Hebron High School News Online

The Hawk Eye

Hebron High School News Online

The Hawk Eye

Hebron High School News Online

The Hawk Eye

21 Savage’s “american dream” is a lyrical adaptation of perseverance

Photo via Epic Records/Slaughter Gang
After a six year hiatus on solo music, 21 Savage released his third album, “american dream” on Jan. 12. The album depicts his struggles with immigration over the years, all while still keeping his iconic vigorous tone.

Six years. 

Six years of resolving immigration concerns with the U.S. government. Six years of occasional features in other songs, collaborative albums and a hiatus from producing music solo — until Jan. 12 of this year.

“american dream” is 21 Savage’s third solo album, nearly six years after his last solo release in 2018, “i am > i was.” The album, consisting of 15 songs, follows the struggle of his immigration status with the U.S. government and adjusting to an American way of living. Born as Shéyaa Bin Abraham-Joseph, 21 Savage immigrated to Atlanta from London at the age of 7 with his mother, Heather Carmillia Joseph. 

The first track, “american dream,” is a lyrical monologue from his mother, depicting how much she sacrificed for her son to live a better life than her in America. It is one of my personal favorites, given how personal and moving her words are in the interlude. There’s one particular line that speaks volumes to me: “To make his position as a winner more secured / Now I smile, feeling assured / My choices were not in vain.” Any listener can feel the love she has for her son through her words; it’s the perfect segue into the fast-paced rap album.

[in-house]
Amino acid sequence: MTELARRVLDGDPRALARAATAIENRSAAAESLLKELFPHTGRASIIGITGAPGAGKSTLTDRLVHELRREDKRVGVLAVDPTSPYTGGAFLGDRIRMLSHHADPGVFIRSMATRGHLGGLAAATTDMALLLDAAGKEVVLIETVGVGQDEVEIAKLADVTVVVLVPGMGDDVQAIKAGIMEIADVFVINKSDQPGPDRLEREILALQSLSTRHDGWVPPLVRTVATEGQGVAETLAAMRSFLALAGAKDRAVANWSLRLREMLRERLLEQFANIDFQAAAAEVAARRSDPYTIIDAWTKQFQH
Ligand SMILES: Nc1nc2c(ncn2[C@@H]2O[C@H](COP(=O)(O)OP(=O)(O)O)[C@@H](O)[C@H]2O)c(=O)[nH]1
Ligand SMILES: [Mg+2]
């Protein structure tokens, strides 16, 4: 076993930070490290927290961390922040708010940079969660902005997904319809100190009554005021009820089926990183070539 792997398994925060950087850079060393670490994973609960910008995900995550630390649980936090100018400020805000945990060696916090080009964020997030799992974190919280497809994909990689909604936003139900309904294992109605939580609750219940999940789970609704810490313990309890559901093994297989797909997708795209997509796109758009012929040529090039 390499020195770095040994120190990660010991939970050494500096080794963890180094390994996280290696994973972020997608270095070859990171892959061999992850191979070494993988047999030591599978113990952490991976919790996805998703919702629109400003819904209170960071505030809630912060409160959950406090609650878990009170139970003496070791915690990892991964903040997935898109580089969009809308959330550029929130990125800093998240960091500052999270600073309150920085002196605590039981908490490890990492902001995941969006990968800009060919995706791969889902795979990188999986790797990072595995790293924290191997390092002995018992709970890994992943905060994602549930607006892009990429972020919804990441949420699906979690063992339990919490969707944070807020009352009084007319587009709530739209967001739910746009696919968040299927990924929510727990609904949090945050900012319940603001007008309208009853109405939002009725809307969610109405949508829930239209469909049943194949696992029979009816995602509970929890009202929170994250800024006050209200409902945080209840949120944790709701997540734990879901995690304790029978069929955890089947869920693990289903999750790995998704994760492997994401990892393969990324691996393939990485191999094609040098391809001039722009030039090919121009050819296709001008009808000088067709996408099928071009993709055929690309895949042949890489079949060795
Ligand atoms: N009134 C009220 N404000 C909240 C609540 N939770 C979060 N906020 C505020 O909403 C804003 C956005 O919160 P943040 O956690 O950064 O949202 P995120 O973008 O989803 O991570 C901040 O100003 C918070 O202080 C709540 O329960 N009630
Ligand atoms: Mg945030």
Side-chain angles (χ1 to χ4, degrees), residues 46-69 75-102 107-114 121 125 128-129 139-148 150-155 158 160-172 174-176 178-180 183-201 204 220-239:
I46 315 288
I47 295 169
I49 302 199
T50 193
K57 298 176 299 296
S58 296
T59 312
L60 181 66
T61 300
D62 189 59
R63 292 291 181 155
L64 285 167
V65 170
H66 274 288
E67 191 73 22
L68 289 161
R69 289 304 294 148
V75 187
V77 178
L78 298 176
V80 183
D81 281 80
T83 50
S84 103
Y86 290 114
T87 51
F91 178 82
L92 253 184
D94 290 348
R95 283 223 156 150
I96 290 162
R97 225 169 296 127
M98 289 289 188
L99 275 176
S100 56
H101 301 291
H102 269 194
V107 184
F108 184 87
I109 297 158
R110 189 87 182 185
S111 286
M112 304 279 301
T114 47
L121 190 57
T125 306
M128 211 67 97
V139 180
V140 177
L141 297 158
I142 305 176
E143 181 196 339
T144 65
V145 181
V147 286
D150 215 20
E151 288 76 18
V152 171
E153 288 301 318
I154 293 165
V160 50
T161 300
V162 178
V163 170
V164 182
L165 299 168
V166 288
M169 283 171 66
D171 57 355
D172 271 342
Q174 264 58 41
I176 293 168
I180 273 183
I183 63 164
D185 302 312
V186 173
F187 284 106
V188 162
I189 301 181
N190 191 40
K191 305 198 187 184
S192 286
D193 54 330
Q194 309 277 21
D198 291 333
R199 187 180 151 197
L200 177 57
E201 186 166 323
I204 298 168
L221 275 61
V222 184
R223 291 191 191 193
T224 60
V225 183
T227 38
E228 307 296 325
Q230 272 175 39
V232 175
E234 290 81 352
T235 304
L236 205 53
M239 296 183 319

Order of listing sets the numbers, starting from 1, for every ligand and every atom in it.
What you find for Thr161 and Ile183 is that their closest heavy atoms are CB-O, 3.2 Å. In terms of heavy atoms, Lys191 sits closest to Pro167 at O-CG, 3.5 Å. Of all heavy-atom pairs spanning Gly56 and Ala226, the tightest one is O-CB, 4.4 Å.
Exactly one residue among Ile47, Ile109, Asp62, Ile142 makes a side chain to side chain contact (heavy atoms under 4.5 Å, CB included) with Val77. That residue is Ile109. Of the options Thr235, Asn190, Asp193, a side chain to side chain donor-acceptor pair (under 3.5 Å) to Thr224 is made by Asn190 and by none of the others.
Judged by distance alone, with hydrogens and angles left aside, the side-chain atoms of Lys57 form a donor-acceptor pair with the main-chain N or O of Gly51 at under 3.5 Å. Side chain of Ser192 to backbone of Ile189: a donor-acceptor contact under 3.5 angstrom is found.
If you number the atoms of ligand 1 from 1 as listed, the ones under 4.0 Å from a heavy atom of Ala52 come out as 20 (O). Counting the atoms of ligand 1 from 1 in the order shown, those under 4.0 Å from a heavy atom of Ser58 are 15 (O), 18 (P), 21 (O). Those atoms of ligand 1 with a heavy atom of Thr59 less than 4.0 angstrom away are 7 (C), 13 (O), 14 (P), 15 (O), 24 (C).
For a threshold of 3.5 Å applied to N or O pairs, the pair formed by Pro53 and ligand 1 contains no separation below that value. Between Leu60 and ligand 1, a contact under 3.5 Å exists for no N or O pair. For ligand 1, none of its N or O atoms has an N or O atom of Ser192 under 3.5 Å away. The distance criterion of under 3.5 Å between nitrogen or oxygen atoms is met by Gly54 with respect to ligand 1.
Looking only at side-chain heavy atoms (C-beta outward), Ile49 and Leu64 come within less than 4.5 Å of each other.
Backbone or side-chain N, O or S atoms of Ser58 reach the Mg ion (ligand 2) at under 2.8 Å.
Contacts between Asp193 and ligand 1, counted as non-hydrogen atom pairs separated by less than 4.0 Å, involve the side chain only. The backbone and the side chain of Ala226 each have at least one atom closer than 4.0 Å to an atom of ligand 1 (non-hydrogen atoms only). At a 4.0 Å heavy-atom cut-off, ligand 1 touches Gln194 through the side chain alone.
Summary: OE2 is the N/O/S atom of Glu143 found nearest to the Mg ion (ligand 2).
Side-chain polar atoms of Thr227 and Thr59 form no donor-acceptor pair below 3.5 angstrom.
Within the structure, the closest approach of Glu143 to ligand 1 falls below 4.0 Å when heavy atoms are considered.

With a total of eleven features — a few being popular artists such as Brent Faiyaz, Metro Boomin, Doja Cat and Summer Walker — “american dream” is a diverse variety of slow tempo melodies and fast-paced bars. As a 21 Savage fan, I prefer his more vigorous, trap hip hop-like songs.

A few of my favorites with that vibe are “dangerous,” “redrum” and “red sky.” However, there are a few slower songs included in “american dream” with deeper meanings in their lyrics. “letter to my brudda” is a perfect example, which delves into his personal struggles, such as losing friends and opportunities due to growing up in an unsafe environment: “You know, we be comin’ from, like, the worst conditions / And sometimes we be forced to make decisions that we / don’t even wanna make / It be about survival.” 

On top of the album’s release, 21 Savage announced a memoir film titled “American Dream: The 21 Savage Story,” following his detainment and incarceration by ICE, starring Donald Glover and Caleb McLaughlin the same day. After finally becoming a lawful resident of the U.S. on Oct. 6 of last year, nearly four years after initially being detained by ICE, 21 Savage is now able to fully continue his passion for music. 

Since the release of  “i am > i was” back in 2018, personal growth, a new level of maturity and self reflection is evident in 21 Savage’s newest release. The depth of his lyrics and meaning behind the entire album’s production allows fans to see a new side of 21 Savage. 

 From the looks of it, the Atlanta-based rapper is finally on his way to pursue his true “american dream.”

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About the Contributor
Madeline Rivera, Editor-in-Chief
Senior Madeline Rivera is the Editor-in-Chief and this is her third year on staff. In her free time, she enjoys watching romantic movies, traveling and hanging out with her friends.

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